The Cloud & the LawAugust 1, 2018
Whether uploading photos on Instagram, creating do-to lists on Evernote or saving projects on Google Drive, you’re storing them on the cloud. It’s a universal technology becoming more and more present in our daily lives than ever before. As the social media landscape and online world grows larger, the cloud’s capacity to store information is becoming bigger every day, and companies worldwide are taking notice. Many companies are now moving their business to the cloud as technology advances and improves. But some worry the cloud’s access is overreaching and could lead to dangerous consequences.
How Is Amazon Advancing Cloud-Based Technology?
According to Mashable, Amazon created their own cloud computing platform called Amazon Web Services in 2006. The company offers online services to websites such as cloud-based storage and database services. Amazon is pushing cloud-based technology in other innovative directions, such as the development of the Amazon Key, which customers can use to unlock their front door and track package deliveries.
Amazon is now beginning to take cloud-based technology into the realm of law enforcement and transform it into an effort to improve public safety. As Business Insider points out, the company created an application called Rekognition, which allows users to connect video surveillance systems to the platform and be able to identify and track individuals in a video or image feed.
According to documents by the American Civil Liberties Union, this technology caught the attention of big cities such as Orlando, Florida and smaller towns such as Washington County, Oregon who signed on to utilize it in law enforcement practices. The ACLU is putting demands on Amazon to prevent governments from using Rekognition and says the technology "raises profound civil liberties and civil rights concerns." According to the New York Times, Orlando decided to no longer use Rekognition in law enforcement after a number of activists protested against it.
Are We Putting Too Much Trust in the Cloud?
The ACLU’s worries about Rekognition are understandable. Having background checks and criminal records on the cloud could jeopardize the documents’ safety, given the high number of security breaches in our history. In December 2013, European hackers stole 40 million credit and debit card numbers from Target customers, leading to "more than 90 lawsuits against the company for negligence and compensation," according to NPR. Critics of Rekognition fear a similar situation could arise from sensitive information like criminal records being put on the cloud.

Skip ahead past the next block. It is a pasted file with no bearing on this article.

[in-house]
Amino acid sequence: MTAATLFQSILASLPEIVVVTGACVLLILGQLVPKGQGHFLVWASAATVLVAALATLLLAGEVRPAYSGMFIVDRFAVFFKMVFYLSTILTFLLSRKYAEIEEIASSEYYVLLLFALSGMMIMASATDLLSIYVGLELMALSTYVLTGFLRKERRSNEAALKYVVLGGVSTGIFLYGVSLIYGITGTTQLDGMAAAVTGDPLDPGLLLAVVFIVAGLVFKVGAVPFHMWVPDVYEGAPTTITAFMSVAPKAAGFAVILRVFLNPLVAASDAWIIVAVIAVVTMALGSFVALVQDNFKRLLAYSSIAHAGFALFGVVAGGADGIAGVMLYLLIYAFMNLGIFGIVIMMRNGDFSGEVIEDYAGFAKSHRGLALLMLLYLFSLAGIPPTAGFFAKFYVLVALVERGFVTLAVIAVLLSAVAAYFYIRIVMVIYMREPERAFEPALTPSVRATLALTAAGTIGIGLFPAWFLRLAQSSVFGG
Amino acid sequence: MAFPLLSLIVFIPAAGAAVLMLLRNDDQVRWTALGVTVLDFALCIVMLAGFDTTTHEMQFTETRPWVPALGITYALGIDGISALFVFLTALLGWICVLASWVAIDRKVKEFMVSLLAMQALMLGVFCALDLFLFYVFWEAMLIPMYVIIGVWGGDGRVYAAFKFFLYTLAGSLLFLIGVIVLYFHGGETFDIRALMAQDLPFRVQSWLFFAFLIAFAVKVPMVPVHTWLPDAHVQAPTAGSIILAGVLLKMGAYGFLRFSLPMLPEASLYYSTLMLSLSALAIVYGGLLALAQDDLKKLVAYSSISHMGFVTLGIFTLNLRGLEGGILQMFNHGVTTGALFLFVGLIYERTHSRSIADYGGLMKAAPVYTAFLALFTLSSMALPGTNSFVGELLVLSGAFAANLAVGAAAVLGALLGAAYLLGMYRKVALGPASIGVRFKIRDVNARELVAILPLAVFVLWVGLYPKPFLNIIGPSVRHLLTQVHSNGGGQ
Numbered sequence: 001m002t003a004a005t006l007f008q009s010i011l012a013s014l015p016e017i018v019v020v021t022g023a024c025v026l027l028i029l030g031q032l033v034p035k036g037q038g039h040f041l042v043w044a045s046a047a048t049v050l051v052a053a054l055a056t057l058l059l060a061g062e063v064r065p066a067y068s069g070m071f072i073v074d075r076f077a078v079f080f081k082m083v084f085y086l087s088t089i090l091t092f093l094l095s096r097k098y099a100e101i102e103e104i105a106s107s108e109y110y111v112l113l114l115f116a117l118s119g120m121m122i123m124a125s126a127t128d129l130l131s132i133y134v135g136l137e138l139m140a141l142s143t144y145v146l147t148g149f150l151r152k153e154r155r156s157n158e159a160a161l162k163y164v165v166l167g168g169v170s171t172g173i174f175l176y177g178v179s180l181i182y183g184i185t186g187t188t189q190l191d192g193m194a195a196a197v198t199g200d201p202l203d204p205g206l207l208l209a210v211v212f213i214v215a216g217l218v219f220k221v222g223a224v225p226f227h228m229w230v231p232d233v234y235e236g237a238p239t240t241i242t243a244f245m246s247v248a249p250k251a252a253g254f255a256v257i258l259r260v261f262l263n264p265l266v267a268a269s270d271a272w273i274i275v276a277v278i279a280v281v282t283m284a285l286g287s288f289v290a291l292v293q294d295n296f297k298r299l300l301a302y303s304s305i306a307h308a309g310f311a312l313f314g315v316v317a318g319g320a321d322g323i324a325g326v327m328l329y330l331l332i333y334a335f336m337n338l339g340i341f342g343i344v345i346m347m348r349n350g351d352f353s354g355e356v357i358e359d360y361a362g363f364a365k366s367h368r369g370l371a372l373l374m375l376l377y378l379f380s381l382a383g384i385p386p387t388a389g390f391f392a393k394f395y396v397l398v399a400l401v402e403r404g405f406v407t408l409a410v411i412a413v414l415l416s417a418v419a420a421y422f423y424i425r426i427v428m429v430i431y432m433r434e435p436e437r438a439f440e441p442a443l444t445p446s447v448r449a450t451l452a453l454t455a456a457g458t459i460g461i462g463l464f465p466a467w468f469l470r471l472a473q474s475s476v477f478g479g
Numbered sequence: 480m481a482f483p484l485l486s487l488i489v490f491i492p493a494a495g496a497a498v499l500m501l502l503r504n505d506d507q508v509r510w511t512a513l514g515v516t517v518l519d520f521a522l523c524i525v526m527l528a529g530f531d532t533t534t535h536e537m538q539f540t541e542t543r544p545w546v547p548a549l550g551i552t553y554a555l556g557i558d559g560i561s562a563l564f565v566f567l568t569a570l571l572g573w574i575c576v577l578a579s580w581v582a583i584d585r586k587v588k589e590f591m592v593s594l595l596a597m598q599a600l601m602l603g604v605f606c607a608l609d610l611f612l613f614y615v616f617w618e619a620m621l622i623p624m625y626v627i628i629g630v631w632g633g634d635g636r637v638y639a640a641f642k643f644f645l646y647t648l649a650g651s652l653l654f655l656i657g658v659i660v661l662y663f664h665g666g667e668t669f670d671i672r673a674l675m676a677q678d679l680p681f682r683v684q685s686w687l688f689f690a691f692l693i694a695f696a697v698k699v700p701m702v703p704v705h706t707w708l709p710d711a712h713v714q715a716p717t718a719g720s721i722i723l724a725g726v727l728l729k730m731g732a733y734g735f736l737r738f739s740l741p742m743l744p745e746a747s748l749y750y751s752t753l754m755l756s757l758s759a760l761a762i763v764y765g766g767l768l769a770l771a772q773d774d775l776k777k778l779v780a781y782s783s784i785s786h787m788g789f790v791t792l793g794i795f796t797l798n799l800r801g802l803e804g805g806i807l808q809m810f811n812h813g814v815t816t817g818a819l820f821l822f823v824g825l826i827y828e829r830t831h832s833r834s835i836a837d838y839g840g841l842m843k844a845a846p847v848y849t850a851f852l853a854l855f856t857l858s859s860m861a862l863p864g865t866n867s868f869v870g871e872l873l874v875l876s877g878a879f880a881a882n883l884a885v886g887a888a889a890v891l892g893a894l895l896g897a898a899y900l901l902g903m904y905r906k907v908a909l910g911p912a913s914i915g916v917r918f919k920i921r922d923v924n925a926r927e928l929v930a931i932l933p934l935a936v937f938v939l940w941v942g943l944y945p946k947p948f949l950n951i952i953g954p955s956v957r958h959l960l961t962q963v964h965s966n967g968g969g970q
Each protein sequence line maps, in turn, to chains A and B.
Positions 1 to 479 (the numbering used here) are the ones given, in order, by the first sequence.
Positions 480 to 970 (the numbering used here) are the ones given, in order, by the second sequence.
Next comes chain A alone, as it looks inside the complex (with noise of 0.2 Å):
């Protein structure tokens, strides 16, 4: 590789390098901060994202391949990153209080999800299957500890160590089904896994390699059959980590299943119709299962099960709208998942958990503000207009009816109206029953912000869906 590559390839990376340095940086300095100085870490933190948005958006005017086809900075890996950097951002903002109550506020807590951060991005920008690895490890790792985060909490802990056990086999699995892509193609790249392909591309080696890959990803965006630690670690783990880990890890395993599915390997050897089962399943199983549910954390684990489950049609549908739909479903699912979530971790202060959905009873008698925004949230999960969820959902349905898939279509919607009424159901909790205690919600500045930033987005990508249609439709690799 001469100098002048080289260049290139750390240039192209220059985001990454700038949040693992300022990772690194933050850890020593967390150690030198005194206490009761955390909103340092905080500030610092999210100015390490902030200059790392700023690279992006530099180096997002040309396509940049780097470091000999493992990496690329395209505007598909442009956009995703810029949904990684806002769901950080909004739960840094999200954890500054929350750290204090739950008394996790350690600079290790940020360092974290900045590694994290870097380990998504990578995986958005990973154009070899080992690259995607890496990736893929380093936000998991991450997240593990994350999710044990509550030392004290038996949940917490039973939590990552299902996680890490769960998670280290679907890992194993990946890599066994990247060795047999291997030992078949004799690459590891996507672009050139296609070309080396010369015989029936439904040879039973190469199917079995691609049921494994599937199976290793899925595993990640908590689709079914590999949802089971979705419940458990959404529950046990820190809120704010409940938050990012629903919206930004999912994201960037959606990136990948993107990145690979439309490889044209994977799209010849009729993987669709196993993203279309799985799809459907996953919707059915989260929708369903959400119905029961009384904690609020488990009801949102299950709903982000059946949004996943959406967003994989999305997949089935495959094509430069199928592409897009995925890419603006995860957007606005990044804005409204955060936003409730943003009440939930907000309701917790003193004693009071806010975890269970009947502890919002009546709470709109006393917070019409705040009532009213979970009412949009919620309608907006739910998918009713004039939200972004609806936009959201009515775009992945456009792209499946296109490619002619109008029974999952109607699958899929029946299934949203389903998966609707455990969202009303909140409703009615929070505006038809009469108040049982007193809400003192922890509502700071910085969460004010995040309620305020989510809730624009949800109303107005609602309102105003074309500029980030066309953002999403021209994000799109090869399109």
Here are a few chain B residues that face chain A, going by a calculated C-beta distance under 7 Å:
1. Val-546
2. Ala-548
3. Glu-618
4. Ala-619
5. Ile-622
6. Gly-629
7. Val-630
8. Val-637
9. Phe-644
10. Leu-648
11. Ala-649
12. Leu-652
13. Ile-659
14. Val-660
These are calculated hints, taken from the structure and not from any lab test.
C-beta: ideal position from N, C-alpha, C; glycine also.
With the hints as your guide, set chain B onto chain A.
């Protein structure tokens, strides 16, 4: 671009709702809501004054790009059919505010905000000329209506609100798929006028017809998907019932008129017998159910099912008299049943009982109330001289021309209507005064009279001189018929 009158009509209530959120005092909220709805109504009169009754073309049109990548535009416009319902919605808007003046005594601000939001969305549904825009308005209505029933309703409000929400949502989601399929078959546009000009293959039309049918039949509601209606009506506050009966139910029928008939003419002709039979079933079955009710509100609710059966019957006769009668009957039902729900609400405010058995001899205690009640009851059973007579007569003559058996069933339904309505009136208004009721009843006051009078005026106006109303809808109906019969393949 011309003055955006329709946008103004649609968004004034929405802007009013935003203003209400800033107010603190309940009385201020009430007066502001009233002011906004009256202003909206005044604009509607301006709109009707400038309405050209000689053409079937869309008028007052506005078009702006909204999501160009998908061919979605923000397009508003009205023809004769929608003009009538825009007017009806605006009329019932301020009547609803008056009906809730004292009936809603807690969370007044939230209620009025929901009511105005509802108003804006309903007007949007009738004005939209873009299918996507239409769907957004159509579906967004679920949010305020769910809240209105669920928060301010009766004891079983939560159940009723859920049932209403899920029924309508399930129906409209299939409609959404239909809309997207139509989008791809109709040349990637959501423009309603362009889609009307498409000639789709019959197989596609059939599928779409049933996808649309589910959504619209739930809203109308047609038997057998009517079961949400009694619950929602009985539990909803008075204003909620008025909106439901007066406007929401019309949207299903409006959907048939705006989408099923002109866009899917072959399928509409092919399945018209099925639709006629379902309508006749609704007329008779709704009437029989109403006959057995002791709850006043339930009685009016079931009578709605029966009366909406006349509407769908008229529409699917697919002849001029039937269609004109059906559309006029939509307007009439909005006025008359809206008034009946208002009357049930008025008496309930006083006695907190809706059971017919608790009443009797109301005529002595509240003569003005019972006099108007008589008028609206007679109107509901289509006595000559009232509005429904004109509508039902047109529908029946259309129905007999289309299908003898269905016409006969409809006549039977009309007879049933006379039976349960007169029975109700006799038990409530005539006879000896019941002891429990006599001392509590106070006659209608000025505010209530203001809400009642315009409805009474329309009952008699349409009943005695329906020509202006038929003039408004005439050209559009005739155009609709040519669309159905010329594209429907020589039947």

The ACLU worries this technology would allow people to determine who’s participating in a protest and give ICE agents the power to track immigrants. "As with other surveillance technologies, these systems are certain to be disproportionately aimed at minority communities," the ACLU said. Privacy activists such as Clare Garvie are also concerned with Rekognition’s impact on identification and information security.
Garvie, an associate at the Center on Privacy and Technology at Georgetown University Law Center, said in an NBC News interview that Rekognition could have a potentially dangerous impact on free-speech rights. "This raises very real questions about the ability to remain anonymous in public spaces," Garvie said.
How Private Are My Background Checks?
With them now potentially being put on the cloud, you may be wondering how public background checks and criminal records are. While anyone can access this information, it’s a bit more difficult for non-law enforcement personnel. Citizens and companies usually have to request permission from you to access your criminal records.
Many people often have misconceptions on what’s included in a background check and a criminal record. For example, it’s sometimes assumed that juvenile convictions and juvenile charges are included in a criminal record, but they are not. While a criminal record includes things such as convictions for felonies and prior arrests, background checks include details such as your marriage and divorce records, and bankruptcy records.
Your own criminal record is available to you at your local county court and several online services. Your criminal record can also affect your job search, as employers will often look at your criminal history when determining whether or not to hire you. One misconception is if a person moves to another state, then their criminal record no longer applies to them – which is incorrect. Your criminal history still stays with you, even if you cross state lines.
As the debate continues over whether or not cloud-based technology is invading our privacy, Amazon users are divided on this issue, with even some of the company’s employees boycotting Rekognition. However you feel about cloud-based technology, its presence won’t be going away any time soon, and companies will continue to use it in new and divisive ways.
About the Author
Avery Phillips is a unicorn of a human being who loves all things relating to people and their entrepreneurial spirits. Comment down below or tweet her @a_taylorian.